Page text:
In 2004, a group of Muslim families in Chicago’s western suburbs began holding religious observances, recreational events, educational programs and informal gatherings to meet their community’s distinctive spiritual and social needs. To facilitate these activities, they formed the Mohammed Webb Foundation, an organization they envisioned as a “third space,” neither home nor mosque, where they could explore what Justine Howe calls “the potentialities of Muslim being and belonging in the contemporary United States.”
Howe, an assistant professor in the Department of Religious Studies, became aware of the Webb Foundation while she was earning a doctorate at the University of Chicago. Over a period of four years, she visited many of the members at their homes to ask about their experiences and aspirations as American Muslims. She attended adult education classes, participated in book club meetings and observed both religious and civic rituals, including an annual Thanksgiving turkey drive for the benefit of low-income Chicagoans. In her first book, Suburban Islam, she reflects on the Webb members’ efforts to achieve—for their children, if not for themselves—a “seamless American Muslim identity.”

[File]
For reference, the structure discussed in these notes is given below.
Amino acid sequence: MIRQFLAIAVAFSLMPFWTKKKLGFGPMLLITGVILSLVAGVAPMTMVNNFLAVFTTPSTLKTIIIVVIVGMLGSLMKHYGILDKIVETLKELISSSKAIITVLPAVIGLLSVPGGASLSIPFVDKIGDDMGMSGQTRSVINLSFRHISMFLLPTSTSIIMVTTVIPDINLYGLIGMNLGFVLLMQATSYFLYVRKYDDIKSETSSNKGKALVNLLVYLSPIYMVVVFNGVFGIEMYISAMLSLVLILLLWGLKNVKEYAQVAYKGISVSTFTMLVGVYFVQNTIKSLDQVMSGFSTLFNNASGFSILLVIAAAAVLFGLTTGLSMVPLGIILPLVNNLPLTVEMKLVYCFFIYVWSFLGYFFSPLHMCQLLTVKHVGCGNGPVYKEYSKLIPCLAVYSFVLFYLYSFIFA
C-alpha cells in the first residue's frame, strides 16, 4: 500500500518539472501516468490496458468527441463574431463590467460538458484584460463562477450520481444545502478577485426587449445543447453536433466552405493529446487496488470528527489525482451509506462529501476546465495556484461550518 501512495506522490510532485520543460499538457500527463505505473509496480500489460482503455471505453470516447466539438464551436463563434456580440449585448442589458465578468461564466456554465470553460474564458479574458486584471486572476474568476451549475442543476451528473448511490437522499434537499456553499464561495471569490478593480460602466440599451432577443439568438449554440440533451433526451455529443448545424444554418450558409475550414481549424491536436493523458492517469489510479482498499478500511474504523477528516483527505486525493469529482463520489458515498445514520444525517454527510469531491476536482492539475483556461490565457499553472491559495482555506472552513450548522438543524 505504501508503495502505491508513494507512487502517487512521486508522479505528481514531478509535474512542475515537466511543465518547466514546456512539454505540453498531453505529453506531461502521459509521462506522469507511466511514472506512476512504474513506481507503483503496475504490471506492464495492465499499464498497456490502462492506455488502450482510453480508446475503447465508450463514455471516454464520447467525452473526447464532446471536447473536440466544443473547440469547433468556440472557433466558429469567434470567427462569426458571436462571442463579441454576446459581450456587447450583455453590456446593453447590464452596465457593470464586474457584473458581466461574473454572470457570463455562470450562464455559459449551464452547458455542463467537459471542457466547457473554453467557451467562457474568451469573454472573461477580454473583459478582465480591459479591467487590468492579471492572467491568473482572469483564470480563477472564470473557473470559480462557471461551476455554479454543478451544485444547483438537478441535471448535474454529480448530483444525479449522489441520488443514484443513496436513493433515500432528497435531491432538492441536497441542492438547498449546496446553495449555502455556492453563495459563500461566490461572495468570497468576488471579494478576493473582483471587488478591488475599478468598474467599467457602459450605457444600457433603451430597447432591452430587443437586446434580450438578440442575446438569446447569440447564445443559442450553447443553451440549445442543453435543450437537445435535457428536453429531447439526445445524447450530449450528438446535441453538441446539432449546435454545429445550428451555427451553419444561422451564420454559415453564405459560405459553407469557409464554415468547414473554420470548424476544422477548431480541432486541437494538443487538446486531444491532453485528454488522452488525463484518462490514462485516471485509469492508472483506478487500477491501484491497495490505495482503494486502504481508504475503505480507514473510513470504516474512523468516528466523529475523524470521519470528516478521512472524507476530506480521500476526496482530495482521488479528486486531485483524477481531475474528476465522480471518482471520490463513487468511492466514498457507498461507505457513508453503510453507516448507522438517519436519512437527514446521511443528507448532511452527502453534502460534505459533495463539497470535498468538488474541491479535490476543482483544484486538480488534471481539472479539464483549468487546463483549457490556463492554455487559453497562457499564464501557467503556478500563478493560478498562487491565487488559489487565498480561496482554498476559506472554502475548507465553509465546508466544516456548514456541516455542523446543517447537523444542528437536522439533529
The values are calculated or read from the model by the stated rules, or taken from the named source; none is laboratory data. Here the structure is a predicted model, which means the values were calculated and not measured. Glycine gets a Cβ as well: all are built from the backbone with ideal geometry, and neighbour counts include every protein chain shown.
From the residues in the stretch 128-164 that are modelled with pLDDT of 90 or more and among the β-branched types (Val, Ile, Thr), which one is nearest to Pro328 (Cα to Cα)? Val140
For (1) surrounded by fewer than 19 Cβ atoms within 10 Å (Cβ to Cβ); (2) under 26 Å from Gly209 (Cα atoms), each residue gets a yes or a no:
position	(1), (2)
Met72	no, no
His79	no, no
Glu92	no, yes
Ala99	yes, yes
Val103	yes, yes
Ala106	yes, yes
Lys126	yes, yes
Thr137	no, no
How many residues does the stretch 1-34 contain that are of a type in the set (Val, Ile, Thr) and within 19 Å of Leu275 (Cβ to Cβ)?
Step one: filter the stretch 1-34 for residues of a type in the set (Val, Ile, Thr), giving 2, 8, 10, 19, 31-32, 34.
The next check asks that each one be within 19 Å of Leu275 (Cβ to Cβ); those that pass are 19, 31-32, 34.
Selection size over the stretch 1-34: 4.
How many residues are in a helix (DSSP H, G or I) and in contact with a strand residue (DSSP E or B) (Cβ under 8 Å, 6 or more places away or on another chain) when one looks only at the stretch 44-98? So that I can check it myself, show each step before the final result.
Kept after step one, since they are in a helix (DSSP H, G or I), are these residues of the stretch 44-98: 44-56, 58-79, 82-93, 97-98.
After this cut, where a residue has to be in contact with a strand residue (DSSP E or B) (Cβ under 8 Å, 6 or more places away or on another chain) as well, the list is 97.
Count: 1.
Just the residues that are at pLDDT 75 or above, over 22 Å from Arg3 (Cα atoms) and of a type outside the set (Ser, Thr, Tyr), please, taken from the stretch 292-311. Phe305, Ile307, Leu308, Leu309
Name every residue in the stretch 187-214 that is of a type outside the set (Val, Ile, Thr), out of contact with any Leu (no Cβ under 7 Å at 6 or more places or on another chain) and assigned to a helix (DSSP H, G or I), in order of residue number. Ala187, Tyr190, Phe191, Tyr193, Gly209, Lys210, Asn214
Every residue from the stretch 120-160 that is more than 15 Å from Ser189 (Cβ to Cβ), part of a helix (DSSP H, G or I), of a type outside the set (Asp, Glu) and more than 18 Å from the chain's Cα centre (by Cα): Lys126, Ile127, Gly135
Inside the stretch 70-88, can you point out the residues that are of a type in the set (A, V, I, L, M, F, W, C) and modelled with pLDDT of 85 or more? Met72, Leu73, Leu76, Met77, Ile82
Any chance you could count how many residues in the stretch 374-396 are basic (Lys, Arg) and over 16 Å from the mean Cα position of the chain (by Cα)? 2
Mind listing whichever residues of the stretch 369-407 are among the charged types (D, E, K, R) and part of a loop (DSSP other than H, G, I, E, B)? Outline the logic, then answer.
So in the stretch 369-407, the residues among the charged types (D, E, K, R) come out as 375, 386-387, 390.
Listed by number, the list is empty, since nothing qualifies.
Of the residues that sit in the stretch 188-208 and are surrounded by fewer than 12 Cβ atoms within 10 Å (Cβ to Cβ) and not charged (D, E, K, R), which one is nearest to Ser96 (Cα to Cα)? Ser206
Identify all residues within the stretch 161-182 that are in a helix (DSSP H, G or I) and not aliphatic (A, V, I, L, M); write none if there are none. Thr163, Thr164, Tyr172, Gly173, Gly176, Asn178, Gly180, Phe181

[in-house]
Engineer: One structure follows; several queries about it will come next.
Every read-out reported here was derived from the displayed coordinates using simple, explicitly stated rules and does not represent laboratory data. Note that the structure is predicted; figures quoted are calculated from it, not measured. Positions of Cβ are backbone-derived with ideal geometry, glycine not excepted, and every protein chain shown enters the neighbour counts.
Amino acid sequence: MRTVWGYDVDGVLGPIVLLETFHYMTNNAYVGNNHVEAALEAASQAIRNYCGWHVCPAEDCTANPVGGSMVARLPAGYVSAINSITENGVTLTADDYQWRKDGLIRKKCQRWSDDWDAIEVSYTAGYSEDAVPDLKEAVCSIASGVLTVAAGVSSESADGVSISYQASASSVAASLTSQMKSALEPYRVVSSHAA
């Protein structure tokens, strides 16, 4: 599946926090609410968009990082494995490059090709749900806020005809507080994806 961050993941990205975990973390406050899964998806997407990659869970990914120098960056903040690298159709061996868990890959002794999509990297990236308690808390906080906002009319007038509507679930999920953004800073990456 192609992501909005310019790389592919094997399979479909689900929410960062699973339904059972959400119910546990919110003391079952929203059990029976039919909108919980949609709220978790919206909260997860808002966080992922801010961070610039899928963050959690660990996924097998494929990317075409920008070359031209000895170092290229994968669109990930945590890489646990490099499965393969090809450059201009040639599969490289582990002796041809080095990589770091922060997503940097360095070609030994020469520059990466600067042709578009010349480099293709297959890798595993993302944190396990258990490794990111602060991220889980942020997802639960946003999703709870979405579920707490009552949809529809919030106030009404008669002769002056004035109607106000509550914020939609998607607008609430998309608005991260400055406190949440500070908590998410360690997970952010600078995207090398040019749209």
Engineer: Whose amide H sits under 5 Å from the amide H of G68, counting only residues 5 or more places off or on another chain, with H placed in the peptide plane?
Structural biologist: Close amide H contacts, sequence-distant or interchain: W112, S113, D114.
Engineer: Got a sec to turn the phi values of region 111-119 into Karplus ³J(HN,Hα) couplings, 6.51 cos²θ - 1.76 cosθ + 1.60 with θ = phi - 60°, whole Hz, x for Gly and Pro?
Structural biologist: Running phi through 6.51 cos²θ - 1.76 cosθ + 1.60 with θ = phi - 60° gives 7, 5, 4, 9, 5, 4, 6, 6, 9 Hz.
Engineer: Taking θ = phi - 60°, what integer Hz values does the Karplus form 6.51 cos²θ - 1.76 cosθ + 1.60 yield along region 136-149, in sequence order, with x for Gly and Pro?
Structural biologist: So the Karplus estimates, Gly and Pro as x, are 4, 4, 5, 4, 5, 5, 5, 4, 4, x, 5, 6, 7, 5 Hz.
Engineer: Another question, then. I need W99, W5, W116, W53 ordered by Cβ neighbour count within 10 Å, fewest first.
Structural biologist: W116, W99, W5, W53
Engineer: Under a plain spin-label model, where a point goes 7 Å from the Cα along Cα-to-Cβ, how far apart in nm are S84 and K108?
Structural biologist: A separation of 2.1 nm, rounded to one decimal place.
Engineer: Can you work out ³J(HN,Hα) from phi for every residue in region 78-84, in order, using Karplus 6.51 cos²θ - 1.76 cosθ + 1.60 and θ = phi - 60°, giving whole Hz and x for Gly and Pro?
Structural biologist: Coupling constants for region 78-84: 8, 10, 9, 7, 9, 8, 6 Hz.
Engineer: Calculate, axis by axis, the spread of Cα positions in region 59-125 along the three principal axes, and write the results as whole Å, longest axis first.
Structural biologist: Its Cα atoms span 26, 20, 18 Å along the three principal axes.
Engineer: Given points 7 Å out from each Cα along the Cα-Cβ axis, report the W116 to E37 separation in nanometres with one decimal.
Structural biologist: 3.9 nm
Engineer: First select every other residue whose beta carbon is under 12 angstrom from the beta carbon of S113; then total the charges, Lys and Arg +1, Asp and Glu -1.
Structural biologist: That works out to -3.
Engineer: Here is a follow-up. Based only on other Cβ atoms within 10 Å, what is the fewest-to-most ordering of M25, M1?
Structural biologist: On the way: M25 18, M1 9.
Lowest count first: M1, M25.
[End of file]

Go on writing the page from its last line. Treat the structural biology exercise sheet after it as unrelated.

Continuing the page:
In this interview, edited for length and clarity, Howe reflects on the results of her fieldwork in the Webb community.
The members of the Webb Foundation belong to a segment of the American Muslim population that has rarely been studied. Most of them were born in the United States or came here as young children. Nearly all are upper-middle-class, university-educated professionals. Many have married outside their race, ethnicity or nationality, and quite a few are converts. Why did you want to study this population? What drew you to the Webb Foundation in the first place?
When I started thinking about this project, I was struck by the diversity and vibrancy of the Muslim community—not just in Chicago itself, but also in the far western suburbs, where Muslim immigrants had settled in the 1960s and 1970s. They had come here either as students or as engineers or doctors, and they had built not only many of the important mosques, but also many other types of religious, social and cultural institutions.